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The Hate Will Go On 

Akron metal band to continue after live meltdown.

Serj Tankian smiles at the crazies at System of a Down's September 26 Tower City show. - WALTER  NOVAK
  • Walter Novak
  • Serj Tankian smiles at the crazies at System of a Down's September 26 Tower City show.
In the wake of the biggest onstage meltdown in recent memory, Akron metal band Hatecore Inc. has vowed to carry on with singer James Begert.

"That was a big break for us, at a big show," says guitarist Kris Dann of the band's recent opening slot for Anthrax at the Agora two Saturdays ago. "And he fucked up and fucked up big. And he realizes that he fucked up pretty big."

According to reports, Begert warmed up for the Anthrax show by swigging Jack Daniel's in the parking lot; then he moved on to the Agora bar. By the time the band took the stage, the singer was six sheets to the wind.

The band's set quickly went downhill. Dann's guitar cut out during the first song, and his amp faded out shortly thereafter. During a long silence, the house system started playing Iron Maiden. Begert filled the awkward pause with some less-than-stellar stage banter, using racial epithets to berate the crowd. During the third song, the singer attempted to drape himself over the drums. After peeling himself off new drummer Nathan King's kit, he reeled around the stage, knocking over microphone stands and tripping over Dann's guitar cord, ripping the entire assembly from the instrument. After some heated verbal exchanges between the members, the set ended as the intragroup squabble moved offstage.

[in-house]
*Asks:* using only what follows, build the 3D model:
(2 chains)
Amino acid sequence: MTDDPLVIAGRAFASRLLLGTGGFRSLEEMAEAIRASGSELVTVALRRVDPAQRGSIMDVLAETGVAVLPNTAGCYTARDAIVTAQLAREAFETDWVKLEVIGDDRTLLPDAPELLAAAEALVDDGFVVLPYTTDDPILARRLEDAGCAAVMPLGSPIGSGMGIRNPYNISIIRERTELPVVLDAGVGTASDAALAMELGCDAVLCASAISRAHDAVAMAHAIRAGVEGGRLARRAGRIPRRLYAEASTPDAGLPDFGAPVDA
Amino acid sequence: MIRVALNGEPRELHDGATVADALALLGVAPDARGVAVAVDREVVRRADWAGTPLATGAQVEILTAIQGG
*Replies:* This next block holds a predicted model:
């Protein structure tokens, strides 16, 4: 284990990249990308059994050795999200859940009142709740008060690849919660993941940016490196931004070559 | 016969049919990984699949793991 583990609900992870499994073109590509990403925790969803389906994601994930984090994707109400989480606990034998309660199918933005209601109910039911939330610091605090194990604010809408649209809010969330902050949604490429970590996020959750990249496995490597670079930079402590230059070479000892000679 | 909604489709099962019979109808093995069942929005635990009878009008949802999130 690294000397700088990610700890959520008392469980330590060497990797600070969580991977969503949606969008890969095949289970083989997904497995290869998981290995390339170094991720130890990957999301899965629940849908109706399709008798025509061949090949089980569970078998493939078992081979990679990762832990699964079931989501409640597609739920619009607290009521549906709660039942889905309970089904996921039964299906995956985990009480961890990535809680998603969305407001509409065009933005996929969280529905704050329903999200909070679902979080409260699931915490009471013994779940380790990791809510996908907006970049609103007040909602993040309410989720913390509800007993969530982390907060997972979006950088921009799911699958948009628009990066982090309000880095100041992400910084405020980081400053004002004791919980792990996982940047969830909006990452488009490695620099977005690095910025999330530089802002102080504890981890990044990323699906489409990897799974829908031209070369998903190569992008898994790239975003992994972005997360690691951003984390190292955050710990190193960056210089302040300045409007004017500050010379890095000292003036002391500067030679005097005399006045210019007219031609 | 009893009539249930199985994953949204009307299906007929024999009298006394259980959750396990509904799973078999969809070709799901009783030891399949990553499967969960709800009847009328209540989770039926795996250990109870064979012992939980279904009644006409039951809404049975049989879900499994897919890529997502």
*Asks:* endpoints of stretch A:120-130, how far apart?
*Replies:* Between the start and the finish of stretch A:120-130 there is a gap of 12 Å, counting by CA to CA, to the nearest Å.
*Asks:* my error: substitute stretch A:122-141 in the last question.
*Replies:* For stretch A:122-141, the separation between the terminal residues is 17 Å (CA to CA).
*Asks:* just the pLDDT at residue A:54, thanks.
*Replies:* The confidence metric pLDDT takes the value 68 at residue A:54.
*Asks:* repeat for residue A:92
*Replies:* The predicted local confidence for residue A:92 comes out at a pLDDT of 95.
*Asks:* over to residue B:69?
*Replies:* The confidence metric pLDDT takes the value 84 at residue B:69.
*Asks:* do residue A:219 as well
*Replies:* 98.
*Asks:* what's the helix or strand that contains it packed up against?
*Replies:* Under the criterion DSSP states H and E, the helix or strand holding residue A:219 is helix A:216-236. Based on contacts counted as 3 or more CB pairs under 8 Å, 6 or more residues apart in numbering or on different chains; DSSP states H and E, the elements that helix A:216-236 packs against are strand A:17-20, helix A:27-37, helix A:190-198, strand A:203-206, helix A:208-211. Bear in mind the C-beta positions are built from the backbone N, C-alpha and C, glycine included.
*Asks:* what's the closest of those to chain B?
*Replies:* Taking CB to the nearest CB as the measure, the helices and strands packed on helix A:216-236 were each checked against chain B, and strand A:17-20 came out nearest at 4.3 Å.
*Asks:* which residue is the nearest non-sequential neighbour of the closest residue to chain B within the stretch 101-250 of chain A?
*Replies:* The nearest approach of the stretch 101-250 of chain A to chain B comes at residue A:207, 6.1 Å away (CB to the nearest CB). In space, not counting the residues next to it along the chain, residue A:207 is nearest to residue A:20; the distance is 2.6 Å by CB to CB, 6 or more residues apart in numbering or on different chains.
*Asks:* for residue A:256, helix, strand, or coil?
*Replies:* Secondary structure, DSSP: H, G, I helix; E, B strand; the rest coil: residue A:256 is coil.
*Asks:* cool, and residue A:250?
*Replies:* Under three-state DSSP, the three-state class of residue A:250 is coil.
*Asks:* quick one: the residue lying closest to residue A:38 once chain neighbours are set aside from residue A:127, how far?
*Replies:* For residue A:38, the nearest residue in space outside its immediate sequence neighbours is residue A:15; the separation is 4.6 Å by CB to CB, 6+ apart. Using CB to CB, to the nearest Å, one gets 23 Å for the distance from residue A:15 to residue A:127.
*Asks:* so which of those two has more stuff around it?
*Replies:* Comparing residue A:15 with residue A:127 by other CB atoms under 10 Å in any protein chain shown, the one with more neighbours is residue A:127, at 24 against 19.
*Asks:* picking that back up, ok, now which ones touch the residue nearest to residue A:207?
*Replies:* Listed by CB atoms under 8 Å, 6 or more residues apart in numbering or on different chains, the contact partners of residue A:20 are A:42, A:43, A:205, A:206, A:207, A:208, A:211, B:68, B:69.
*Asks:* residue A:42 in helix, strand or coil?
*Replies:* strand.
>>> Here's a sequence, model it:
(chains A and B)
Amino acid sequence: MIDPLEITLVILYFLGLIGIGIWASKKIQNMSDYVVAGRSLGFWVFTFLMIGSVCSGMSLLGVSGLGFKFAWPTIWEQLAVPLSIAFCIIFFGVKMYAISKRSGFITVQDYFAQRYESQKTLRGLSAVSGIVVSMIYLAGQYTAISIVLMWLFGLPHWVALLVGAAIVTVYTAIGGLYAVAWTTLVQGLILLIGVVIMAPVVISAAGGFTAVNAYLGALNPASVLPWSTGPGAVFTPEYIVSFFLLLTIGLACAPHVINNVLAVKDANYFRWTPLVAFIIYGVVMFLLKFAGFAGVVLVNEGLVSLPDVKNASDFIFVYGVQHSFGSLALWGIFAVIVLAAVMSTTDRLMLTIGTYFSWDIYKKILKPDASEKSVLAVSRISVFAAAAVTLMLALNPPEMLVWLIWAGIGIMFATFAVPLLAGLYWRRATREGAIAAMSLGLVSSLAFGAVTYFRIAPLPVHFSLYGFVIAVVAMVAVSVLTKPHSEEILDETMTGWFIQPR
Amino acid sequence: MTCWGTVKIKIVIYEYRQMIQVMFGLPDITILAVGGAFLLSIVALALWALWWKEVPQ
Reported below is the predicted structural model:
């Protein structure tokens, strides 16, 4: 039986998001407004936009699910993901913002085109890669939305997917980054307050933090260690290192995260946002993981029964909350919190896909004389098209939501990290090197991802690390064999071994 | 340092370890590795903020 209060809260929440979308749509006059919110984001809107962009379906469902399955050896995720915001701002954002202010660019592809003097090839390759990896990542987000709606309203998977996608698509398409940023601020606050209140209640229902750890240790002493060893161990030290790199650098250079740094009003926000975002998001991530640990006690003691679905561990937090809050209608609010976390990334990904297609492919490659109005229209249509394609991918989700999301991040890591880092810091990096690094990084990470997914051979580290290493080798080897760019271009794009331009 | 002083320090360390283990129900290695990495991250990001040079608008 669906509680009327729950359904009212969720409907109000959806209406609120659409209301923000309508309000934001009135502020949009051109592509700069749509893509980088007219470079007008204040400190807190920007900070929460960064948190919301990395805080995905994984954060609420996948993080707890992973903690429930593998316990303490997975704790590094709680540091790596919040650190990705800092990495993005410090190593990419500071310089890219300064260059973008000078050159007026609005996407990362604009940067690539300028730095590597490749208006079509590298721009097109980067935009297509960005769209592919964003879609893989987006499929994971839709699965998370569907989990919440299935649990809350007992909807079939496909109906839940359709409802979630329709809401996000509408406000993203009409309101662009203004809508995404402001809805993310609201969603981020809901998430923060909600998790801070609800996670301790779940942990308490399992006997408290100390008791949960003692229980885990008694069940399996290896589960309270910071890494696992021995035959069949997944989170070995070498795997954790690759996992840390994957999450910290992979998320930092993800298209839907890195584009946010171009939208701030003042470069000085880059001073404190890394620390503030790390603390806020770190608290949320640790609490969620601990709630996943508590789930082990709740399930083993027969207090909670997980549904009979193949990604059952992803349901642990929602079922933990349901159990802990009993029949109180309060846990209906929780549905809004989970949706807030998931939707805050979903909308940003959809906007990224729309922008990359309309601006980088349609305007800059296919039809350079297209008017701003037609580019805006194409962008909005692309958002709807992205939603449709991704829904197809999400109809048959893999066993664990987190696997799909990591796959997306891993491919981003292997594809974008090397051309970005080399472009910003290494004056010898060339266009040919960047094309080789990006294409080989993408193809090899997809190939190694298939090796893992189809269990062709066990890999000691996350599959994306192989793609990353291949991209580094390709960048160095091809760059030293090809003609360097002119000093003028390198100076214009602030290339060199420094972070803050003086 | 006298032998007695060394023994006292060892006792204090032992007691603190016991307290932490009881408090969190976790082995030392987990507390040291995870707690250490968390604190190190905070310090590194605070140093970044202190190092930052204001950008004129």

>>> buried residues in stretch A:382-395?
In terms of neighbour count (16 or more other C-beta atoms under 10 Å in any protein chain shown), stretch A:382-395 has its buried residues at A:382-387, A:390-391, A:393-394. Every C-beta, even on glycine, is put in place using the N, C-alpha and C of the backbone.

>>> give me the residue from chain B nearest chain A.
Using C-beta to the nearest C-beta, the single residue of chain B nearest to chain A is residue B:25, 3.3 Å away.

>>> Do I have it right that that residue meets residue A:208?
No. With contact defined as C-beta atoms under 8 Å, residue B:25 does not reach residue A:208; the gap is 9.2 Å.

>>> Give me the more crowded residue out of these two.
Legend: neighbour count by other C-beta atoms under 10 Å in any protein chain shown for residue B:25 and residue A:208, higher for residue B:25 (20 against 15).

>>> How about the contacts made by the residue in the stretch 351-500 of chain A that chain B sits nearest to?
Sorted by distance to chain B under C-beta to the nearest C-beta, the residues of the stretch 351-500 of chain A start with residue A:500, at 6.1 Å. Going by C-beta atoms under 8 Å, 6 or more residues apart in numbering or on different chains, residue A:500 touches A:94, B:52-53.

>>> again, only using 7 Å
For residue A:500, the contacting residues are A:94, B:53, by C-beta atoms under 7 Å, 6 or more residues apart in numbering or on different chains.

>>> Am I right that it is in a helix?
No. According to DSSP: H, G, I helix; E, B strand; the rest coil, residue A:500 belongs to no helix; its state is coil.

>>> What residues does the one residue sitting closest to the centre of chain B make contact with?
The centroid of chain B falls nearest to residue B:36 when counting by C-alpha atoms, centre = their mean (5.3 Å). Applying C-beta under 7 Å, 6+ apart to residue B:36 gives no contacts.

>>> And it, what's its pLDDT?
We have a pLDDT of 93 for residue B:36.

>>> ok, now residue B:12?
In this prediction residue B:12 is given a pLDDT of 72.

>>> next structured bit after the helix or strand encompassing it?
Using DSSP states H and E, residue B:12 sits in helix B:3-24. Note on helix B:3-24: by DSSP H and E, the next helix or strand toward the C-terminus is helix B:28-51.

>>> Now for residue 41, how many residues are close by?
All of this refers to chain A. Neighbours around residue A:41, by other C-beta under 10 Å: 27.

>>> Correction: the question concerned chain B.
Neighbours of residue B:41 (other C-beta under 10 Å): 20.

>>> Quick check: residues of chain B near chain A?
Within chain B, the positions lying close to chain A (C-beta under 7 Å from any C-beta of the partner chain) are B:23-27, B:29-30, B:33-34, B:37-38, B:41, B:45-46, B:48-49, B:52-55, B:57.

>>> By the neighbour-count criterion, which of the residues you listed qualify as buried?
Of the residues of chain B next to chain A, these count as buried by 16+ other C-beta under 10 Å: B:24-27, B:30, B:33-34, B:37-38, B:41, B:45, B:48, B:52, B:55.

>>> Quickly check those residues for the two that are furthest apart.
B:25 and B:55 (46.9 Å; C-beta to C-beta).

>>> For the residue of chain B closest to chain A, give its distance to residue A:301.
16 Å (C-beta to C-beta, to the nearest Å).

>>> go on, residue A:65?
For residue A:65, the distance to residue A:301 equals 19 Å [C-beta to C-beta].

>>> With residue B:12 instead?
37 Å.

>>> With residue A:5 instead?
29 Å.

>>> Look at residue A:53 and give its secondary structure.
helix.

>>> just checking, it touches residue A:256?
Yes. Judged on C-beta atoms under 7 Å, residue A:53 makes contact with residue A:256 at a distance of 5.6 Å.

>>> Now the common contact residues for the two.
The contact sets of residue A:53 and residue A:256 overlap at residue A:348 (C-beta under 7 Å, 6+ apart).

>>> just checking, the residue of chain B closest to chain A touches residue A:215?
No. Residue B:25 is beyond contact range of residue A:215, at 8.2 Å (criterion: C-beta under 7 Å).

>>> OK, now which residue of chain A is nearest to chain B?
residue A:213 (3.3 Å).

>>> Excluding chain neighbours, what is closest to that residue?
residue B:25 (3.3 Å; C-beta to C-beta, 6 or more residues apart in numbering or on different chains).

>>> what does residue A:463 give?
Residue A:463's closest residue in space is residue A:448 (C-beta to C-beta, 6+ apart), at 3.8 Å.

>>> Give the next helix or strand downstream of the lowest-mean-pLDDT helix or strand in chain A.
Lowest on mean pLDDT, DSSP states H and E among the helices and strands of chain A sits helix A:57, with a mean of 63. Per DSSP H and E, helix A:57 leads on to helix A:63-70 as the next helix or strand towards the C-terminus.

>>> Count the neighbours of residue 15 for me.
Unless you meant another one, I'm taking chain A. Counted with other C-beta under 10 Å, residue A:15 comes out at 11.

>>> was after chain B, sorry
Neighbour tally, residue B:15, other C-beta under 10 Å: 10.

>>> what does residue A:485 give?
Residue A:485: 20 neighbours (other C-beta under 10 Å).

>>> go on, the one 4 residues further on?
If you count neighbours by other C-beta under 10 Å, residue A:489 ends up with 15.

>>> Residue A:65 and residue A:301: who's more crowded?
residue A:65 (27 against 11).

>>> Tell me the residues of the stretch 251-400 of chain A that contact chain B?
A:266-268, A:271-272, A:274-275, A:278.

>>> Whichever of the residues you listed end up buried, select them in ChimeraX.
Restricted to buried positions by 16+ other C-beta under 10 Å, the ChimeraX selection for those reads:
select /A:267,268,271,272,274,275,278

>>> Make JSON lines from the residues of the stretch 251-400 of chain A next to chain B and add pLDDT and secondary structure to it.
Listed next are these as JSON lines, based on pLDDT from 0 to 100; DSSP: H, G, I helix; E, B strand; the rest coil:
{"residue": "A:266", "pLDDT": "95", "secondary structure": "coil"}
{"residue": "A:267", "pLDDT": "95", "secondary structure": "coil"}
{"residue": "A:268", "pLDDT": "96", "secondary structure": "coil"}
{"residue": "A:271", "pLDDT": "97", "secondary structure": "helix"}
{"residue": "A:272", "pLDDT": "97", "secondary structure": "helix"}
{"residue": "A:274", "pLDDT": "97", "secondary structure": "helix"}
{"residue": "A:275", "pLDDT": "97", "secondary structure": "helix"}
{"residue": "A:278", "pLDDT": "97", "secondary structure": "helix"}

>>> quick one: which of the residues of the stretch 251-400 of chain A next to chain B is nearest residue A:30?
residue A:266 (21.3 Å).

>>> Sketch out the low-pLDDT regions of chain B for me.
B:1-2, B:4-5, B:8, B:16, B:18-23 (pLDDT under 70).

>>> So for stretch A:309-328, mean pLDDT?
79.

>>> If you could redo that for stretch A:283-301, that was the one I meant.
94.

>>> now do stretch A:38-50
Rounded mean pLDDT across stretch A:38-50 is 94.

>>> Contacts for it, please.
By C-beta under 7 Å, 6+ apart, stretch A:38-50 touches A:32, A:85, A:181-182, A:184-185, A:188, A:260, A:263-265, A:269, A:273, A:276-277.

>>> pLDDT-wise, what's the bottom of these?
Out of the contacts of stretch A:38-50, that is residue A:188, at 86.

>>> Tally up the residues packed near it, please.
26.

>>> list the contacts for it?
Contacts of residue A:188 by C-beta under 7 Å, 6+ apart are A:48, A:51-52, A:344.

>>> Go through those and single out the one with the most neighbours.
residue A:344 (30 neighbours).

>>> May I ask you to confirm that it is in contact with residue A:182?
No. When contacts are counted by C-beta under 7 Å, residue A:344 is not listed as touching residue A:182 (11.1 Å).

The show was Hatecore's first major appearance following the overdue release of its recording debut, the new Pure Hatred EP. It was the latest incident in the band's star-crossed experiences of the past year and a half. In February 2004, expensive gear was stolen from the group, which has since struggled to maintain a lineup. Nonetheless, it has managed to play regularly across Northeast Ohio.

"We definitely apologize," says Dann. "[Begert] was out of control and acting wrong. It was the alcohol talking. He's almost on probation at this point. It was embarrassing."

· Following a freak onstage accident, well-known Cleveland drummer Eugene "Rims" Reardon passed away on Tuesday, September 20. According to friends, on Saturday, September 17, Reardon was playing with guitarist Ron Schirmer's band when his drum stool broke. Reardon fell, suffering a torn aorta that led to internal complications. The drummer's résumé included '70s band Slaughter and stints with area notables including Neil Giraldo and Andy Gerome.

· The Capgun Cowboys are riding into the sunset after five years, two independent albums, and a recent average of around 50 shows a year. The swingin' country-western band will play its final show on Friday, October 7, at the Beachland Tavern (15711 Waterloo Road). Singer-guitarists Greg Yanito and Phil Verhoef are moving to California, where the two plan to continue working together.

· Eclectic punk combo Who Killed Marilyn? is finishing writing its full-length debut and plans to record the disc this fall, with Mushroomhead's Stitch and Years of Fire's Cole Martinez (Between Home and Serenity, Shenoah).

· Garage rockers the Velvematics have started their own label, J.R. Records, which is incorporating in Nevada. The band plans to use the label to launch other Cleveland bands. The group has also signed a management deal with Hollywood's Arena Entertainment. Visit for more info.

· Rockabilly trio Haywire has announced a hiatus from live shows, but plans to record a live-in-the-studio album in upcoming months. Keep posted at

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